Athens Digest 20.02.2019

• Yield drop raises expectations for new bond issue

• Greece pressed to finalize new household insolvency rules

• Budget report sees no threat from wage hike but presses for the implementation of pending reforms

• Judicial investigation after a Dep Health Minister’s phone call to the governor of the central bank leaked to the press

• Piraeus Bank CEO says NPL demand encouraging


# The yield on Greece’s 10-year bond dropped further below the 4-percent mark to 3.77 percent, fuelling speculation that Greece is readying another issue. Quoting an unnamed government official, The Wall Street Journal reported that a 10-year bond issue is now expected in the next month _ reviving plans for a major market test that had been stalled by Italy-related turmoil. The move by the Public Debt Management Agency would follow a successful auction of 5-year bonds in late January, in the first test since the end of the bailout.

# Greece’s bailout creditors are pressing the government to provide details of plans for a replacement framework for household insolvency regulations, including eligibility criteria to receive protection and how the new rules will identify so-called strategic defaulters. Specifics of the new framework must be hammered out by the end of the month when the current rules expire.

# A minimum wage hike introduced on February 1 is not likely to hurt the country’s competitiveness, according to a new report from the Parliamentary Budget Office. The 11 percent hike “will have a greater impact on the sectors dealing with domestic demand and significantly less on export sectors, so no significant negative effect on employment and competitiveness is expected,” the quarterly report said. On the other hand, the report highlights the risk of missing these targets due to some upcoming court decisions about wages and pensions cuts. It also suggests that Greece should implement the reforms agreed with its creditors, sending a signal that the country sticks to responsible policies after its adjustment programmes.

# It is not the first time that the Deputy Health Minister has been accused for interfering in the operation of independent authorities. This time, it was the Bank of Greece. Pavlos Polakis telephoned the Bank’s governor Yannis Stournaras to question him about an audit into a EUR 100,000 commercial loan he had taken from a non-systemic bank and also pushed him to proceed in other audits, too. A transcript of their conversation appeared in a newspaper. The leak prompted a judicial investigation. In a statement, Stournaras called the action an “unprecedented attempt by a member of the executive to interfere, in an unheard-of manner, with the performance of my duties.” Polakis claimed he had not taped the conversation (which would have been illegal) and that he had relied on his… excellent memory. “We reiterate our utmost respect to the independency of all central banks,” told Commission’s chief spokesperson Margaritis Schinas.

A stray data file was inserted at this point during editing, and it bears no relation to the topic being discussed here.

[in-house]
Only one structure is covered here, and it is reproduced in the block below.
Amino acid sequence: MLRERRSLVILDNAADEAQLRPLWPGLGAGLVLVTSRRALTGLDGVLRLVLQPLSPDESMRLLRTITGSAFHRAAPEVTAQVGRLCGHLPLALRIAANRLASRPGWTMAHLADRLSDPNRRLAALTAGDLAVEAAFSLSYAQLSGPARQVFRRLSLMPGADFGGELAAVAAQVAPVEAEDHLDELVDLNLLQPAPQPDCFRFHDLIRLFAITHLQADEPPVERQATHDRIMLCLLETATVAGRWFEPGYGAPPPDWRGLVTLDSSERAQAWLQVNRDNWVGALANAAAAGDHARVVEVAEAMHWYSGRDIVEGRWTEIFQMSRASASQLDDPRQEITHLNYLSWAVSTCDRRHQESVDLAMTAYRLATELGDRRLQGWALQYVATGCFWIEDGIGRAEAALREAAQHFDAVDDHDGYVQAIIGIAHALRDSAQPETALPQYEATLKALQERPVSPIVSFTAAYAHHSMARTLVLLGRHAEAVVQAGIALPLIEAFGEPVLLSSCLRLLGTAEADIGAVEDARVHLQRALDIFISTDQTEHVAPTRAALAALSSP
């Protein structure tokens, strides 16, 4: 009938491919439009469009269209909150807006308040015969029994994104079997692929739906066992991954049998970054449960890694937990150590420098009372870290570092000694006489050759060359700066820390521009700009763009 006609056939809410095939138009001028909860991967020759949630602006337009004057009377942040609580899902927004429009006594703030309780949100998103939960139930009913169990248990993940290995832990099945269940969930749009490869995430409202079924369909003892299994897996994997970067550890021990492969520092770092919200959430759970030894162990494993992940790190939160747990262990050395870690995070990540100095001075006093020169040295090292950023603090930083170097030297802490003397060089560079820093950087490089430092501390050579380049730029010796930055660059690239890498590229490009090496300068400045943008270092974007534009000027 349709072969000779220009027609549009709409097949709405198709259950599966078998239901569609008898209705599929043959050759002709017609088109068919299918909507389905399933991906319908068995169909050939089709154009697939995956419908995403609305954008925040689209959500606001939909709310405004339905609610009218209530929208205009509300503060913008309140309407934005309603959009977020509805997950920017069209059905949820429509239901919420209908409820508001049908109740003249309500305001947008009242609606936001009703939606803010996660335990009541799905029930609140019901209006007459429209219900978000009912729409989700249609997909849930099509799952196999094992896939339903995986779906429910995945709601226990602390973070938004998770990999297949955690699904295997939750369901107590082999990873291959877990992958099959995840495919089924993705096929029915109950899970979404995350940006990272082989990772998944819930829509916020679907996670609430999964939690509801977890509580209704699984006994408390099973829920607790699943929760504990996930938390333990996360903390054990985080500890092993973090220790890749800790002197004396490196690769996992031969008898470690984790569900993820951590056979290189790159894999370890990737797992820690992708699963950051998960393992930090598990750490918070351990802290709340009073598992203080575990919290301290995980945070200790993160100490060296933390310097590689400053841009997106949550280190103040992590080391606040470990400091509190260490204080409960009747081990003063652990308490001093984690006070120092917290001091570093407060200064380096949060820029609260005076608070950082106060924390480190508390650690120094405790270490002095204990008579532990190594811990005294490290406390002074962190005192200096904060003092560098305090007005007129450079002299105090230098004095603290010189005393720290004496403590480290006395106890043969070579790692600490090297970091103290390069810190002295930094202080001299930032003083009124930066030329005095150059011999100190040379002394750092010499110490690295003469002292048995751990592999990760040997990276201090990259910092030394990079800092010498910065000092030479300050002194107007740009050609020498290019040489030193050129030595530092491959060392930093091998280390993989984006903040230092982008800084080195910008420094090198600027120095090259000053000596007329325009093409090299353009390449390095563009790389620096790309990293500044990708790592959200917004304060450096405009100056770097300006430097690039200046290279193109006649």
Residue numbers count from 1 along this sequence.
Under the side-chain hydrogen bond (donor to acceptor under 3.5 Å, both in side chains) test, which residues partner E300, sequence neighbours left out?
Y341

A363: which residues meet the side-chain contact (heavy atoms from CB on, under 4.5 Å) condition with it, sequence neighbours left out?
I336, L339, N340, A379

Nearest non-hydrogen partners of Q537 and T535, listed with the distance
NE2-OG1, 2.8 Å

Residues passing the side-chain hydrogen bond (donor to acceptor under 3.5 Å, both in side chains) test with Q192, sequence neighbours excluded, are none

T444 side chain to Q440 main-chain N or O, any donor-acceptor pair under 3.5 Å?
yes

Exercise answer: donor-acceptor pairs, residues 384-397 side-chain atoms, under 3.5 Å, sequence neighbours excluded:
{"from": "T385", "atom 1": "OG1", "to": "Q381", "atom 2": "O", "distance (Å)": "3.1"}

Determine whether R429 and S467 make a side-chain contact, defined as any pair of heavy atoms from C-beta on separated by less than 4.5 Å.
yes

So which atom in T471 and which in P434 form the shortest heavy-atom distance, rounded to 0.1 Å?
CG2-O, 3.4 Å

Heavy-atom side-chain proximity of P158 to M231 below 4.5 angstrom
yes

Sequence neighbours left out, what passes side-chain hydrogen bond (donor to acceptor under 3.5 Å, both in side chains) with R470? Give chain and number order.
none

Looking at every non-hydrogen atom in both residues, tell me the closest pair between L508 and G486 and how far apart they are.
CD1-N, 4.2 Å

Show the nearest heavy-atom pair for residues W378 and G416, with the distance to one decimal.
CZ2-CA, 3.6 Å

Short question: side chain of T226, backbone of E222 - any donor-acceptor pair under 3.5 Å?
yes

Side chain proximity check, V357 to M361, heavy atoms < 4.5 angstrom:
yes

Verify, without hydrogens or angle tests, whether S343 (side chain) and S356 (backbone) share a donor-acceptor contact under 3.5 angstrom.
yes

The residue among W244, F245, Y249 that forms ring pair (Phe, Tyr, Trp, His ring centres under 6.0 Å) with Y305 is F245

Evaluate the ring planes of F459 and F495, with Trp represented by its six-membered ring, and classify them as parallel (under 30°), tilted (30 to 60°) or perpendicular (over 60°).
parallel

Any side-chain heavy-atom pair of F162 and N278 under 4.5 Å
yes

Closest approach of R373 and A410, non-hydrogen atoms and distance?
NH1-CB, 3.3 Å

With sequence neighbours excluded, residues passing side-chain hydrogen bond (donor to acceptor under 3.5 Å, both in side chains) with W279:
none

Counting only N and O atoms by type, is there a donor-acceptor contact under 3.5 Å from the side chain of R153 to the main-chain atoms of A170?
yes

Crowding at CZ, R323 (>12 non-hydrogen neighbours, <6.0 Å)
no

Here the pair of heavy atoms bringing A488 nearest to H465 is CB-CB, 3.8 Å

# Piraeus Bank CEO Christos Megalou says international investor interest in Greece’s NPL market will help lenders meet their target of reducing the non-performing loan stock by EUR 50 billion by 2021. The reduction target for Piraeus Bank in EUR 15 billion. “All the international funds that are present in the NPL business in Europe, namely in Spain, Italy, and to a lesser extent Portugal, have been looking for investment in Greece,” Megalou told CNBC in an interview. “We had situations where funds were competing _ and in the process of competition they had to … pay significant amounts of money in due diligence to be able to bid for these assets _ and we are very happy as a principal selling those loans with the level of competition and the level of activity that we see in the NPL market.”
He added: “I would say, I would dare say, that one of the most interesting asset classes in Greece these days is the non-performing loans in this country.”



On our Radar: Let’s Talk
Greece and North Macedonia have agreed to slash roaming charges for mobile phone users traveling to one another’s country, in the latest friendship gesture after the name-change deal was finalised last week. Nikos Pappas, the Greek digital policy minister, announced the agreement that will take effect before the summer while on a visit to Skopje. Pappas, who met with PM Zoran Zaev, said the deal was the first of many cooperation agreements that wound “herald a new era of friendship.”